Covid-19 has demonstrated such issues in stark relief.  It has become commonplace during the pandemic to refer to crisis conditions and the need for urgent responses; for me the real lesson that we must learn is not about emergency responses, but the need for a vision of what a better, socially just, post-Covid world looks like.

The direct relationship between health, housing and social welfare was a key theme in the Beveridge Report, published in 1942, which laid the foundations for the postwar Welfare State and, more importantly for social housing.

It provided the basis upon which Nye Bevan established the NHS, while at the same time guiding a housing revolution.  Bevan viewed an adequate supply of fit housing as an essential component of social and medical welfare and as Minister of Health (including responsibility for housing) he recognised the need both to build new houses and to improve the existing stock.

In addition to providing sufficient homes, Bevan also insisted that houses built had to be of the right quality to ensure they were healthy homes; big enough to offer space and privacy and thereby ensure human dignity.

Bevan’s mission was comparable, in many senses, to the task facing the Housing Executive in 1971 and, because history has a tendency to repeat itself if we do not learn from it, it is comparable to the task which confronts us now.

In 1971, the Housing Executive was charged with delivering a basic right – Bevan’s ‘human dignity’ – the right to a home, and to deliver that right without favour or prejudice shown to any group or section of society.

Today, fifty years on, we find ourselves at the gates of change in terms of how we can deliver sufficient homes – especially social home – to meet the reasonable expectations of Northern Ireland’s population.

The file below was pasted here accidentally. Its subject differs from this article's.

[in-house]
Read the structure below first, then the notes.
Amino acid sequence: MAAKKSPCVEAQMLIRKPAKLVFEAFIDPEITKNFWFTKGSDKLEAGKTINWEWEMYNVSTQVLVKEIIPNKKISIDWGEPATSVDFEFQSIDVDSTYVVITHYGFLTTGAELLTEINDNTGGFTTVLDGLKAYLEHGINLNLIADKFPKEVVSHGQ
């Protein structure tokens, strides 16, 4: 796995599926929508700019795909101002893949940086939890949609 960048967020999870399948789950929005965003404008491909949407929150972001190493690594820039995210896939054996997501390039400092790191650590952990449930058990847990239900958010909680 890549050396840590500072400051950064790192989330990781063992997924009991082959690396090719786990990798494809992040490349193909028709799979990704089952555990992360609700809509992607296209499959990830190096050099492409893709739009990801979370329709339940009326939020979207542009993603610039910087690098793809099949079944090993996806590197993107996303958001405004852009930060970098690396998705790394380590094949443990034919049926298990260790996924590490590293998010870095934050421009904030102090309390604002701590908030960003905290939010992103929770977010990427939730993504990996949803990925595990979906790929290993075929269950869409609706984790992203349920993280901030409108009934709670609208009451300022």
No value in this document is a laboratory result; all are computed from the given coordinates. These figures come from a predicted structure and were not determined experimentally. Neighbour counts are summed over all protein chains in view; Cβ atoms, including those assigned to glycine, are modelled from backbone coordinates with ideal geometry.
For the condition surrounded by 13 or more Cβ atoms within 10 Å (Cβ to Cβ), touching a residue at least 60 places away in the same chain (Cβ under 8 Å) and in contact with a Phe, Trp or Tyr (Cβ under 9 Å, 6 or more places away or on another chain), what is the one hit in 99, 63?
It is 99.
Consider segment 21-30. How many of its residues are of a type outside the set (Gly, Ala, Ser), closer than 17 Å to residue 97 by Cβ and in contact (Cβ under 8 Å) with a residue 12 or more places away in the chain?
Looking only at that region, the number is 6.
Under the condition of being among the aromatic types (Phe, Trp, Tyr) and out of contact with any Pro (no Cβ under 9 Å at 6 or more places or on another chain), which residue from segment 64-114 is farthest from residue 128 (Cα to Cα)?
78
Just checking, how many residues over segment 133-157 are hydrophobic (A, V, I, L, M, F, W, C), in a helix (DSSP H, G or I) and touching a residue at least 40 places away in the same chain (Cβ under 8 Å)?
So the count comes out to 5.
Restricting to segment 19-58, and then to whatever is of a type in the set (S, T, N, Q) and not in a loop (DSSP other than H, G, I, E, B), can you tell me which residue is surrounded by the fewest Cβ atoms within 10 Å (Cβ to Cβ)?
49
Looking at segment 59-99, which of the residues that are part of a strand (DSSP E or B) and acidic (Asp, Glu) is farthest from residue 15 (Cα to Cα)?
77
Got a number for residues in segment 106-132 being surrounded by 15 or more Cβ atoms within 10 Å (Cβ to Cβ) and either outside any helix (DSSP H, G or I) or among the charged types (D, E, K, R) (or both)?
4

In order to unlock these gates the Housing Executive needs to be revitalised and equipped with the powers and resources to do what is required. The Ministerial statement of November 2020 does just that.

It offers the key to a future that will deliver additional, better and more appropriate homes to those in need and, as a bonus, it also provides the prospect of new ‘green’ jobs and skills training that will boost the economy.

This transformation will not only provide houses, it will also deliver social welfare and, assuming that new house building makes use of modern methods of construction, it will help address the interlinked challenges of combatting climate change, eliminating fuel poverty and creating jobs and income.

It is frustrating that we’ve known for some time what needs to be done. We’ve long had a strong housing authority – with 50 years’ experience – we’ve  capable and experienced housing associations and we’ve the technical capabilities needed to solve the problem.

What is now required is political endorsement and financial commitment to get to grips with the problem. A final question relates to the pace of change and what must be done sooner rather than later.

Three actions that can be taken now to get action moving and address the shortfall of social housing supply are:

  • The acquisition of existing residential and non-residential properties to add to the stock of social homes – the non-residential properties will be converted to provide city or town centre living, and will also provide a welcome boost for urban regeneration;
  • The establishment, through a competition, of standardised, low or zero carbon energy efficient home designs that can be produced locally at high volume and to high standards by using modern methods of construction; and
  • The rapid roll-out of pilot project developments that offer ‘proof of concept’ and create confidence so that government, investors and, most importantly, local communities can work together to provide solutions that address the problem of providing sufficient social homes.

Although the Ministerial statements provide a much needed focus on the many issues associated with providing more social housing, and even though they offer a clear pathway to the future, they will not in themselves ensure action.

What is now required is the establishment of a broad partnership for change that can deliver the homes that are needed and provide a massive post-Covid 19 economic kickstart.

Together with our colleagues in government (central and local), the housing associations, the construction industry, financial institutions and, most importantly, the communities that we serve, we must work together to re-establish Northern Ireland as a place of excellence in the provision of homes in sustainable communities.

This will be a fitting way to celebrate the Housing Executive’s half century of work and achievement, and will stand for decades as a beacon of hope for underserved communities, families and individuals everywhere.